In central Florida, that means Saint Augustine grass, Stenotaphrum secundatum, a gulf coast, Caribbean and African native that has sterile seeds. It spreads through vigorously growing stolons, so that even small plugs of it quickly cover large areas. Sounds great! But like everything else that’s too good to be true, Saint Augustine is a voracious feeder and thirsty to match. When our regular afternoon rains come through, it gets enough water, but during the dry winter, irrigation is vital to keep this grass alive. It is also susceptible to chinch bugs and other insect predation. Even fungal infections can blight this attractive turf from time to time. Suffice to say, growing Saint Augustine lawns are completely dependent on the industries of modern man.
Thousands of acres have undergone this treatment here, the natural landscape stripped away and replaced with human development. Our homes and highways have replaced the nests, burrows, and game trails of the native fauna. We displace them with reckless abandon, and introduce invasive populations of hogs, cats, and exotic reptiles. Pristine streams are muddied, and native ecosystems are irreparably damaged by our activities. Meadows of wildflowers, sources of food for bees and butterflies paved over and replaced with barren expanses of green grass- food for nothing but hungry grasshoppers and other leaf eating species.
WHAT CAN WE DO?
We can start by identifying which native plant communities are right for our neighborhood, then replace some or all of the lawn and ornamental plants the developers dropped in as per their contract. There are plants to occupy every niche- groundcovers, bushy shrubs, small trees- there is something for everyone, that pollinators will be drawn to. There are flowers for every color palette, and something in bloom always, all year. The conquistadors didn’t name this the land of flowers for nothing!
Another perk of using native wildflowers instead of that thirsty lawn will be reduced water usage. Whether you have a private well or are piped into a municipal supply, you may have found that irrigating parched plants can get expensive. Many native species have adapted to our state’s unique rainfall patterns and as a result, often need little to no irrigation. Not only is it expensive, but also wasteful. Florida’s aquifers are seriously overburdened by the ever increasing population drawing from it, but millions of those gallons are being used to water the sterile Saint Augustine and other turf grasses. Using more natives will actually help ease your household’s burden on an already overtaxed system, flowing unseen beneath our feet.
You also won’t incur the cost of buying pesticides to keep your field of green from becoming some hungry bug’s personal salad bar if you grow natives. The plants that evolved along with their predators developed defenses against them- bad taste, milky sap, thorns- but the introduced ones lack any natural coping mechanisms, meaning pest infestations can quickly get out of hand without our intervention. If a plant can get along without regular doses of poison being applied to it, then that is definitely a win. Not only will you not be buying the insecticides, they wont be filtering back down through the sandy Florida soil, and leaching into our water supply as a result.
Let’s not forget the fertilizer you won’t need to use as much of. Most plants could use some plant food every now and again, since they can only derive so much nutrient value from our poor soils, but natives selected for your soil type and light conditions will need far less to produce the same growth as non natives. A great deal of the fertilizers sprayed on Florida’s innumerable lawns and golf courses gets washed into lakes, rivers, and eventually the ocean, feeding algal blooms such as red tide. Native plants are better suited to extracting what they need from our deficient earth and most do just fine, or even worse when fertilizer is applied.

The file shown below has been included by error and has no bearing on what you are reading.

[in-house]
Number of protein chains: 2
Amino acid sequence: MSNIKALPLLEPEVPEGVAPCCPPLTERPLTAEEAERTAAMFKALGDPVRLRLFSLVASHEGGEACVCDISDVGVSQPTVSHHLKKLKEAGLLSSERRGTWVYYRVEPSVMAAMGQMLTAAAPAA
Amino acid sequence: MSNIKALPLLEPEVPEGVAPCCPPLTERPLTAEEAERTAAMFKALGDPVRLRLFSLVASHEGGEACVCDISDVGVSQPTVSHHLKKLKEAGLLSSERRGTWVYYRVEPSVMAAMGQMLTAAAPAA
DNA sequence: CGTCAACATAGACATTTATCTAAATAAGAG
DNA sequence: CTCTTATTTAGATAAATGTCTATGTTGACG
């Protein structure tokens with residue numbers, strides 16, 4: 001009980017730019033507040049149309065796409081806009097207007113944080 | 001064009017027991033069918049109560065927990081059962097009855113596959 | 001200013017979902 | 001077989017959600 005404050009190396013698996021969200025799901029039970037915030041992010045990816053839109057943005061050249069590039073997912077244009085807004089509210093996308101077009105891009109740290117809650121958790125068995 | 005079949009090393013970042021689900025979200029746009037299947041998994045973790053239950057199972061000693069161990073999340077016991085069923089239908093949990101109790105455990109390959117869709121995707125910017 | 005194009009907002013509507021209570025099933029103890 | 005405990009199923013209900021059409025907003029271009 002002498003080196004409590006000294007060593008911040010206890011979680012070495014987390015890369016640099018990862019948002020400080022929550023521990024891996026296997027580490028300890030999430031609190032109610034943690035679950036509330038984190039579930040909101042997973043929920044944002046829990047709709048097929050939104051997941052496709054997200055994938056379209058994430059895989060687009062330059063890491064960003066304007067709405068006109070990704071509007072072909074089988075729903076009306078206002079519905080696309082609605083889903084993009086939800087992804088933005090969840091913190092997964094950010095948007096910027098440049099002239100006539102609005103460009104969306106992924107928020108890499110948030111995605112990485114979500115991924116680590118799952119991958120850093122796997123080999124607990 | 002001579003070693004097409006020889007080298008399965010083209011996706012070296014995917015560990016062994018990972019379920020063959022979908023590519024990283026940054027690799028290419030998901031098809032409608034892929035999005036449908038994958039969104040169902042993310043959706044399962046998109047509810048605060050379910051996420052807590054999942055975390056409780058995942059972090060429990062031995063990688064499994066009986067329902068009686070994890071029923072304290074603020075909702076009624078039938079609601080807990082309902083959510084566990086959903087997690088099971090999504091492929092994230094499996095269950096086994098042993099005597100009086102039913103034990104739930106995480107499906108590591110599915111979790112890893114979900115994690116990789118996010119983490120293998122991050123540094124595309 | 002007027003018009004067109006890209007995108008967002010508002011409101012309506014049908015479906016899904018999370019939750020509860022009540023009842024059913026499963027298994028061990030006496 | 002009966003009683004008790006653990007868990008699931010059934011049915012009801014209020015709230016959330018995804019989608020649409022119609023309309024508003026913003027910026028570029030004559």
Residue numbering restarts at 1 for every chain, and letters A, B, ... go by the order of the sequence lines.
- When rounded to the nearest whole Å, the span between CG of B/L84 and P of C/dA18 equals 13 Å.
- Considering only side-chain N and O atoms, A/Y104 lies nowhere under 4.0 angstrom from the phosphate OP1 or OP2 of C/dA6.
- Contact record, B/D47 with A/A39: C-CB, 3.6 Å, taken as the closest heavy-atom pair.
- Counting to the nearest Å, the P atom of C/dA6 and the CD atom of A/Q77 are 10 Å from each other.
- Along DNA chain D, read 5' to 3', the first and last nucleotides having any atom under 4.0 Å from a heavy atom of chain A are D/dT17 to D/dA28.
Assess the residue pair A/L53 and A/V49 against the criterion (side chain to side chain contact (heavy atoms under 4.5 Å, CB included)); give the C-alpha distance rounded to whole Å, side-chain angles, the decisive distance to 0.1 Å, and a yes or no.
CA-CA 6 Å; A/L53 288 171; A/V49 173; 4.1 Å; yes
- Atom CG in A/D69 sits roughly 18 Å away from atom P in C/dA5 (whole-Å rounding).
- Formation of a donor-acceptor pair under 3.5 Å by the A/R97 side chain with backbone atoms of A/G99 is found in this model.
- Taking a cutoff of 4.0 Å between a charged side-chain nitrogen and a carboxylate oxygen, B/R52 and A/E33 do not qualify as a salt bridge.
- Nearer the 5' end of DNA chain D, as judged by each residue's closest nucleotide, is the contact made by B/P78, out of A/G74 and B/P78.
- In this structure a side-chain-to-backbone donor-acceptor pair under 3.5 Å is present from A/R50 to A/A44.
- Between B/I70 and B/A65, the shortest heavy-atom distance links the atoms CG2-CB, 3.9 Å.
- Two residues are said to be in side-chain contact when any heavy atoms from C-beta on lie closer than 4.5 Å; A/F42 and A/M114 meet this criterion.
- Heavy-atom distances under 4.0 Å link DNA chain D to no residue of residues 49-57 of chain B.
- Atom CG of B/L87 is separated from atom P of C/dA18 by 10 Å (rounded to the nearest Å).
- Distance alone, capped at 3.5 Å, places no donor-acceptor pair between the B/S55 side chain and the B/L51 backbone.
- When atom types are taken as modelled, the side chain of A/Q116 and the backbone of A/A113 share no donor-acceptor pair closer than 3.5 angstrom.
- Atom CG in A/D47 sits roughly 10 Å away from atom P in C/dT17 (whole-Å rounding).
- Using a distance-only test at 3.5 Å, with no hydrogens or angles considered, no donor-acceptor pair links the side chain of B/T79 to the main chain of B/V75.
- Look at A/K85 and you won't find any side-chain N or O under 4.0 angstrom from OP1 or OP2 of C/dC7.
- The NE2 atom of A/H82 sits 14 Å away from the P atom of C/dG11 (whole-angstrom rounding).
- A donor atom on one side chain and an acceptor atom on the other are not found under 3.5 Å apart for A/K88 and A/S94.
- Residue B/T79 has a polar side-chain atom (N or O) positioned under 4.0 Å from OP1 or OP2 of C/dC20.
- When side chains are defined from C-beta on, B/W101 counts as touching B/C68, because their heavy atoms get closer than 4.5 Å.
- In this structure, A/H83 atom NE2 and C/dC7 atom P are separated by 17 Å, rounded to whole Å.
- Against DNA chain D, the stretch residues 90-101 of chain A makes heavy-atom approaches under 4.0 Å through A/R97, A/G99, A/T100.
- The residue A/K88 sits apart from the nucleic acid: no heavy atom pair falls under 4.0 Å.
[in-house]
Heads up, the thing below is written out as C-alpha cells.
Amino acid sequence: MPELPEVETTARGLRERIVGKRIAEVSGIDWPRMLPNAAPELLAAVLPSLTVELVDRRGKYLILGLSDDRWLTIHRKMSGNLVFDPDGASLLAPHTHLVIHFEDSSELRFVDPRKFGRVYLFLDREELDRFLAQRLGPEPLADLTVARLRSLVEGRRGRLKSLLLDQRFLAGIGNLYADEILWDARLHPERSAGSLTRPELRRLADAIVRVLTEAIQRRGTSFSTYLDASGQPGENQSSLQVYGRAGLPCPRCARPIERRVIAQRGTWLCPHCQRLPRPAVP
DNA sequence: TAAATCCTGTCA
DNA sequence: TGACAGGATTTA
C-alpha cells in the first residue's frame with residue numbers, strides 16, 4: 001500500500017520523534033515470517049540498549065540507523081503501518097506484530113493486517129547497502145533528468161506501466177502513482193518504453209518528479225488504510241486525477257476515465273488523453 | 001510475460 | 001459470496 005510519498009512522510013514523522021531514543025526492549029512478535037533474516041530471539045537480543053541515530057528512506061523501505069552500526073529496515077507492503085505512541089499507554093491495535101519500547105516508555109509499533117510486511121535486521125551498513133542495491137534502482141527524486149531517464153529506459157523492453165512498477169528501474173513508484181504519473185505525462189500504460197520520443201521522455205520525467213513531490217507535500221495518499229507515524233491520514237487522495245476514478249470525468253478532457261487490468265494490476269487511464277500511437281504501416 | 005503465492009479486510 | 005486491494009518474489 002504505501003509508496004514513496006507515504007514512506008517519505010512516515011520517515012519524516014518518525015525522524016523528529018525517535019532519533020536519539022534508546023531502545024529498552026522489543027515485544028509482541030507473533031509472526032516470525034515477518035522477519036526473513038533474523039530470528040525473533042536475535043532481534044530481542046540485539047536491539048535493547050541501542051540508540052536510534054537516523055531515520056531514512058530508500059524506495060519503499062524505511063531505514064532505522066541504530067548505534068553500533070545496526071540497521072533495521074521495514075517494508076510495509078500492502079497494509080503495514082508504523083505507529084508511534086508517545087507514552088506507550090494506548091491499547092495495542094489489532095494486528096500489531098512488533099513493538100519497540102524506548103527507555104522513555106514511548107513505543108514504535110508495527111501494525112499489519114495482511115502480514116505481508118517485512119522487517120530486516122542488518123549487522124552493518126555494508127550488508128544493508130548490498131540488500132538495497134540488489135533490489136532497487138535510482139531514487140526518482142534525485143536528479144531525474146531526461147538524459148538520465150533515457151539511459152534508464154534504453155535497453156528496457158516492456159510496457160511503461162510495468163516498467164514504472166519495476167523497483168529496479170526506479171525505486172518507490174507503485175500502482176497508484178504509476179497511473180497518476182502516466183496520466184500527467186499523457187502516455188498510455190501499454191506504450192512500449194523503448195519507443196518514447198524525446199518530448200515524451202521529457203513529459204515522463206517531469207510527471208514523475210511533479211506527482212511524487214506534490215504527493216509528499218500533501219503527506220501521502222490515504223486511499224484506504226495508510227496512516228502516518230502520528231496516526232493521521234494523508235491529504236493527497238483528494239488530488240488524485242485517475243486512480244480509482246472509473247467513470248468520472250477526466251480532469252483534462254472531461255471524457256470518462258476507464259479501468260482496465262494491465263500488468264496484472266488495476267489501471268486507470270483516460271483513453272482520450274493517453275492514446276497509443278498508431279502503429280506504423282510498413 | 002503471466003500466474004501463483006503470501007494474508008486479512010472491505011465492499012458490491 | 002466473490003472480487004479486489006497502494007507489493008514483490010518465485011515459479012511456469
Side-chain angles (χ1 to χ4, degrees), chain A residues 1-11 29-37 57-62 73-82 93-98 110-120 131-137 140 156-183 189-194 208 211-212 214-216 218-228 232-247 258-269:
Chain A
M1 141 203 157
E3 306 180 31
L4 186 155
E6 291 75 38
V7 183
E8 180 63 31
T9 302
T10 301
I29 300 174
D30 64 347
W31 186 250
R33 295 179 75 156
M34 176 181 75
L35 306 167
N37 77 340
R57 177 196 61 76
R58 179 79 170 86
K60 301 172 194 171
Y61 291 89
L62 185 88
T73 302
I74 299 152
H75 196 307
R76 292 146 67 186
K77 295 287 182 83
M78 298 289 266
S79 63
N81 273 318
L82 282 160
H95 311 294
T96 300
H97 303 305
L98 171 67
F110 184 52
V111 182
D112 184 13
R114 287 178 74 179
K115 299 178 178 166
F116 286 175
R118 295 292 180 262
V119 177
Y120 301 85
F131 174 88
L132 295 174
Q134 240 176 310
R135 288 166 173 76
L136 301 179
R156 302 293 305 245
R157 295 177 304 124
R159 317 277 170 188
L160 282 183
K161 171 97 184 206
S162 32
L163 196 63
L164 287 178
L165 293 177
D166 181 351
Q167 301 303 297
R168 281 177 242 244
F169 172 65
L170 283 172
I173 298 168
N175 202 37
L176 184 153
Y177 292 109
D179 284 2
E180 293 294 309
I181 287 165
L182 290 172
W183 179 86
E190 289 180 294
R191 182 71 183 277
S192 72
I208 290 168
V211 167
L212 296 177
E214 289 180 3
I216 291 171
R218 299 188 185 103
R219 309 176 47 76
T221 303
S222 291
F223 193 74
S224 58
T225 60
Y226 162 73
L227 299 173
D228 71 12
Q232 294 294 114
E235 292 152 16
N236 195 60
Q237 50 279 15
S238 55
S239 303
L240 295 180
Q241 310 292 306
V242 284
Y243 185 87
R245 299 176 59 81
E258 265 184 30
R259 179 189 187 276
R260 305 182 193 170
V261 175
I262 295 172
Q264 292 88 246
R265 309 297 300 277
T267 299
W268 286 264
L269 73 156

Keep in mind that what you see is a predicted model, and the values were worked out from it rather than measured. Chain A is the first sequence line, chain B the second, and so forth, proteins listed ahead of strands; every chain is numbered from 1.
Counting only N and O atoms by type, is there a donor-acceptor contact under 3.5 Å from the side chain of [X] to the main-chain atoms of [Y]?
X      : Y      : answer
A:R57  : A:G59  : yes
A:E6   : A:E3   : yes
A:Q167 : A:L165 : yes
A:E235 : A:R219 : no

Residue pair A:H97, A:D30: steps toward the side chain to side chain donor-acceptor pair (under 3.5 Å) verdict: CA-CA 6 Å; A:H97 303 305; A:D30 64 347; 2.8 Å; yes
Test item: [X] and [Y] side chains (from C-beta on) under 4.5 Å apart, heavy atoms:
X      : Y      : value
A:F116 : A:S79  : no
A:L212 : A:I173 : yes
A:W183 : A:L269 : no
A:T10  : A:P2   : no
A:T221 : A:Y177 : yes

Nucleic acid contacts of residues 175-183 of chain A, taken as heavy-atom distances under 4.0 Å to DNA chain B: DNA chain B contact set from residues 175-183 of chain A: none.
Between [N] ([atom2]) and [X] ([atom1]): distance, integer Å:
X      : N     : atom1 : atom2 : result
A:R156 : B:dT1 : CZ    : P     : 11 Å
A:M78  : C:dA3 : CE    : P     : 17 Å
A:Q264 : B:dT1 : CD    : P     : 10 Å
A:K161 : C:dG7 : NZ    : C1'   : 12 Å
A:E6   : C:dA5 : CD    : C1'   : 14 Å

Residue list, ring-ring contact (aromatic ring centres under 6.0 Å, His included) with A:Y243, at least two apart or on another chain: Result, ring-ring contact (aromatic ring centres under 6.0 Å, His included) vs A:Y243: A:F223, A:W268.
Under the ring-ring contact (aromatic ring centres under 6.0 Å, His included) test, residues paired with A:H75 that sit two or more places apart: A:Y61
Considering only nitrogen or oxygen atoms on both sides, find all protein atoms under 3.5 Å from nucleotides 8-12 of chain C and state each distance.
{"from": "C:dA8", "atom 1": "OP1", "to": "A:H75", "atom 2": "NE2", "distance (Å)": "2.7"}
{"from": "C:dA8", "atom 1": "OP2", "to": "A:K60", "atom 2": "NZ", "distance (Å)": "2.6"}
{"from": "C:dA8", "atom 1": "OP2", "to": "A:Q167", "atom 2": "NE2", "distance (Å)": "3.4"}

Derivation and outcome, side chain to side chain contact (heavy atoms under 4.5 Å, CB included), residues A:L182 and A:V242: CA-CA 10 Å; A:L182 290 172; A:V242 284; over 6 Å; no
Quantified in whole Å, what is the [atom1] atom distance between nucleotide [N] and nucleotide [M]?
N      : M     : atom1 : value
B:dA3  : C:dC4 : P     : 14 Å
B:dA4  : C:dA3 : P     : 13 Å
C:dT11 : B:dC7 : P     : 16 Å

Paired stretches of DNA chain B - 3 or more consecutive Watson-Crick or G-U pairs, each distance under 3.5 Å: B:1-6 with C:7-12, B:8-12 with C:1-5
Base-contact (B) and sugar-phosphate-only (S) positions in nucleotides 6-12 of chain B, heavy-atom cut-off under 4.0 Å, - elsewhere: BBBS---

So our benefits include:
- Natives use less water. This is a good thing.
- Natives are less prone to insect infestations requiring chemical controls. Also good.
- Natives need less fertilizer to be happy. More goodness.
- The more lawn you replace with flowers, the less lawn you have to mow. Good.
- Your yard will become a mecca for pollinators. A sanctuary filled with nectar and shelter.
- You will be a hero. Many types of bees and butterflies are threatened with extinction because of habitat loss. You can help restore some of that habitat and enjoy the sights of pollinators buzzing around your realm. Very good things, all.
Even sharing some of your space with the local wildlife can have profound effects on their numbers. Imagine having a kaleidoscope of migrating butterflies descend from the sky, flitting down to hang out at your house, because you have the only nectar for miles. Even just a couple beds can have a significant impact. Pollinators have small bodies, and even just a little nectar goes a long way. Milkweeds are a great consideration, as they are a host plant for monarch butterfly caterpillars. Birds, bees and other insects make use of most native plants not just for nectar, but also the pollen, fruits, and edible foliage. Birds use different types of twigs when constructing nests, and will visit many types of bushes looking for those that fit the bill, as it were, perfectly.
The days of a sterile, perfectly trimmed lawn must become a thing of the past. Future generations may look back at the men standing, staring in admiration at all their hard work, brows glistening with sweat, a cold beer in hand, with great wonder. That they invested so much time, money, and effort into growing and maintaining a tiny, green field with such little return on investment. The way towards the future is of one more in harmony with nature. Using what’s found locally as a resource, instead of fighting it. The way towards the future is one modeled on sustainability, and being a good neighbor to the wildlife that we so rudely evicted. Stay tuned for future articles in which we will explore these topics in greater detail, and be sure to like and follow us on the social media sites, and plant some natives. The pollinators will thank you for it.